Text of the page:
This passage arguably contradicts the narrator's earlier point that the first great lesson for female authors is to write in a way that implies they have forgotten their gender. Here she seems to indicate that the best writing is indeed gendered, but that it should be a mix of both genders. Either way, her criticism of Galsworthy or Kipling for not containing the "spark" of woman would have been highly controversial at the time. Many would have considered the notion of criticizing celebrated male authors for not being feminine enough so absurd as to be laughable. However, by connecting her argument to that of Coleridge, Woolf suggests that it is not as outlandish as people at the time might otherwise first assume.  

Now my belief is that this poet who never wrote a word and was buried at the cross-roads still lives. She lives in you and in me, and in many other women who are not here to-night, for they are washing up the dishes and putting the children to bed.

Related Characters: Virginia Woolf (speaker), Judith Shakespeare
Page Number: 113
Explanation and Analysis:

In the final section of the speech, Woolf has dropped the narrator persona and is speaking as herself. Having reviewed several of the main issues of the speech and responded to anticipated criticism, she returns to the character of Judith Shakespeare, "this poet who never wrote a word." Although Judith's story reflects Woolf's rather pessimistic depiction of women whose ambitions were suffocated before they could ever be realized, Woolf ends on a hopeful note by implying that Judith "still lives" within herself and the audience, as well as other women who remain at home attending to domestic tasks. 

Woolf implies that women are connected to one another across the barriers of history, geography, and socioeconomic class, and that this connection inspires women to have a sense of duty to each other. On one hand, this is uplifting and inspirational, a silver lining to the tragic story of Judith Shakespeare and the countless other women whose lives and ambitions have been thwarted by sexism. On the other hand, it is possible that Woolf is being overly optimistic here in proposing a supposedly universal connection between women. Critics of A Room of One's Own have pointed to the fact that Woolf provides a sense of hope to young, educated, upper-class women, but promises nothing to other women other than vague references to female solidarity. Such promises might make little difference to the lives of women who remain socially, politically, and economically oppressed, with no hope of achieving independence or autonomy over their own lives.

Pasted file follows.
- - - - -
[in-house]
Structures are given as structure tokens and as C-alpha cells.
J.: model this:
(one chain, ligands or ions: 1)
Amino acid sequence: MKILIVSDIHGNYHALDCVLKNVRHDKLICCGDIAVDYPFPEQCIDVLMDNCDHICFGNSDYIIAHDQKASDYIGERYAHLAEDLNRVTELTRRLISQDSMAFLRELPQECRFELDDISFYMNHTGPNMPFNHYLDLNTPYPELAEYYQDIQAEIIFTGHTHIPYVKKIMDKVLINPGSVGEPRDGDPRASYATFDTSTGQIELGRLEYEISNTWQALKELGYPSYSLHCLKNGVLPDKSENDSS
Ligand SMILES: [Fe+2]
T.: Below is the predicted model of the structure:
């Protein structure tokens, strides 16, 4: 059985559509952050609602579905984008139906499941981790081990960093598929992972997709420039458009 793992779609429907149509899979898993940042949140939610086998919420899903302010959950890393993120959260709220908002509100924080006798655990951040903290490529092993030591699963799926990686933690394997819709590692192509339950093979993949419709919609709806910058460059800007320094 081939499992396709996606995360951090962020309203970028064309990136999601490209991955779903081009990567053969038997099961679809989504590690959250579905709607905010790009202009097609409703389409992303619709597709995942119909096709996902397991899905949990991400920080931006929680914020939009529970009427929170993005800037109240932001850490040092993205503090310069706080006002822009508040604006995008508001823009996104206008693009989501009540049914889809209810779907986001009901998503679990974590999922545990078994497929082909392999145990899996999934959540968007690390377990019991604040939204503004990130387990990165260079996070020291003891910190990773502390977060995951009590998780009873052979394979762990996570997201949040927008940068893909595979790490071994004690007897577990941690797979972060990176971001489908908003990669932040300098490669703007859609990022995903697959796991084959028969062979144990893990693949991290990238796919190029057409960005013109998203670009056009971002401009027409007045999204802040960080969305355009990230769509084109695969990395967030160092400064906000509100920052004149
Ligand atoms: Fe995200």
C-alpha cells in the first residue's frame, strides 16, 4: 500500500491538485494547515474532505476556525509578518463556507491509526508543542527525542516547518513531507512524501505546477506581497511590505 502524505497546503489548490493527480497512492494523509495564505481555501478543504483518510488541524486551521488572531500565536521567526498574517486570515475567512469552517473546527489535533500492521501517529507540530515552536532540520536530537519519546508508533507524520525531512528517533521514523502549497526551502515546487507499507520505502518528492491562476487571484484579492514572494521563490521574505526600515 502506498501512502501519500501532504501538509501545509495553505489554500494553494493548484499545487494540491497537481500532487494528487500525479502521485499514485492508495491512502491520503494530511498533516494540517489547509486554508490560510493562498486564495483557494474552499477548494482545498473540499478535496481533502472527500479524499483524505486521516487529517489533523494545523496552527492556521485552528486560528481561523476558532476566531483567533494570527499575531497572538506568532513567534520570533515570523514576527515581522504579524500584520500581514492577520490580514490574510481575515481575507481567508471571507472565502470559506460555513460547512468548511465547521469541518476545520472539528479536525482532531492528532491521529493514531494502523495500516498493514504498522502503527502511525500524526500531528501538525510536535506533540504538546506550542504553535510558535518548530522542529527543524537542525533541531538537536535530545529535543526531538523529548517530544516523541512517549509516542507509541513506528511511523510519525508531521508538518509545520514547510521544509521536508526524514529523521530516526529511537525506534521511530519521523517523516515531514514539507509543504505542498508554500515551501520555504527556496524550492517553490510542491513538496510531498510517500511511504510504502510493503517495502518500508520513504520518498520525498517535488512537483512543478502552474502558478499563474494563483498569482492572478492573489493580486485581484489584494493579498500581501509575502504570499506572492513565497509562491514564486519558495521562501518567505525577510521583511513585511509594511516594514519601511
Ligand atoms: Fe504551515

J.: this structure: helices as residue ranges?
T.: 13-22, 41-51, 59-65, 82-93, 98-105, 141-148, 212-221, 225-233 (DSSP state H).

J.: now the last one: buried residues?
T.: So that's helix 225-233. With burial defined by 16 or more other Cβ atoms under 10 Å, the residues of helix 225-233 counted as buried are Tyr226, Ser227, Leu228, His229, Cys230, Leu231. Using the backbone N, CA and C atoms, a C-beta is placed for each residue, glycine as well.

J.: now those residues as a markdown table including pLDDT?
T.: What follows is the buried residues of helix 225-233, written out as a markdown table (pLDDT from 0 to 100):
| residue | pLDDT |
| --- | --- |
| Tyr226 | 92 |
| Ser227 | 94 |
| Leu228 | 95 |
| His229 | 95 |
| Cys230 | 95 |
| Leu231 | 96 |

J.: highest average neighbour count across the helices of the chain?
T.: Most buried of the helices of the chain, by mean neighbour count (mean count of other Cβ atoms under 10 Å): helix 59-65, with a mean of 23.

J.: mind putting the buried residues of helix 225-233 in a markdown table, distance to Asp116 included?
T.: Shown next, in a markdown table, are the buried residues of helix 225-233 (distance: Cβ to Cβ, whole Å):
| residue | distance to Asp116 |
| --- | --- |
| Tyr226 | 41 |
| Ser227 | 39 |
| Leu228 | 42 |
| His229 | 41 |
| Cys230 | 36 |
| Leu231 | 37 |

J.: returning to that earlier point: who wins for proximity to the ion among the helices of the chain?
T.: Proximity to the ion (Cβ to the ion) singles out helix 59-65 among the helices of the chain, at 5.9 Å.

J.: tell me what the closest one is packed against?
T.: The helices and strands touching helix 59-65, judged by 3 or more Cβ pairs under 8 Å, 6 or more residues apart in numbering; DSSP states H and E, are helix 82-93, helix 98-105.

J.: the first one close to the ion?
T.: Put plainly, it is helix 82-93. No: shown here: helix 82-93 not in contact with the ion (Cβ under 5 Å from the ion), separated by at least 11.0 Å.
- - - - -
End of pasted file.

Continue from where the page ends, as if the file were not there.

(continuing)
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Virginia Woolf Character Timeline in A Room of One's Own

The timeline below shows where the character Virginia Woolf appears in A Room of One's Own. The colored dots and icons indicate which themes are associated with that appearance.
Chapter 1
Financial and Intellectual Freedom Theme Icon
Creating a Legacy of Women Writers Theme Icon
Woolf has been asked to speak about Women and Fiction to a group of female students... (full context)
Chapter 6
Women and Society Theme Icon
Creating a Legacy of Women Writers Theme Icon
Truth Theme Icon
Here, the narrator leaves off and Virginia Woolf returns. She knows that her audience will have listened to Mary's journey with their own... (full context)
Financial and Intellectual Freedom Theme Icon
The second criticism could be that Woolf has been too concerned with money. Haven't there been poor writers who have risen above... (full context)
Financial and Intellectual Freedom Theme Icon
Creating a Legacy of Women Writers Theme Icon
Truth Theme Icon
...why, then, if it is both so difficult to write fiction and socially dangerous, is Woolf so obsessed with it? Because she loves to read, she says. She charges her audience... (full context)
Financial and Intellectual Freedom Theme Icon
Women and Society Theme Icon
Creating a Legacy of Women Writers Theme Icon
Truth Theme Icon
Woolf suggests that her motives are not entirely selfish, though. There is something about writing that... (full context)
Financial and Intellectual Freedom Theme Icon
Women and Society Theme Icon
Creating a Legacy of Women Writers Theme Icon
Woolf acknowledges that women are supposed to hate women. She is expected to end with something... (full context)
Financial and Intellectual Freedom Theme Icon
Women and Society Theme Icon
Creating a Legacy of Women Writers Theme Icon
Finally, Woolf conjures the character of Judith Shakespeare again, who died and lies beneath the omnibuses driving... (full context)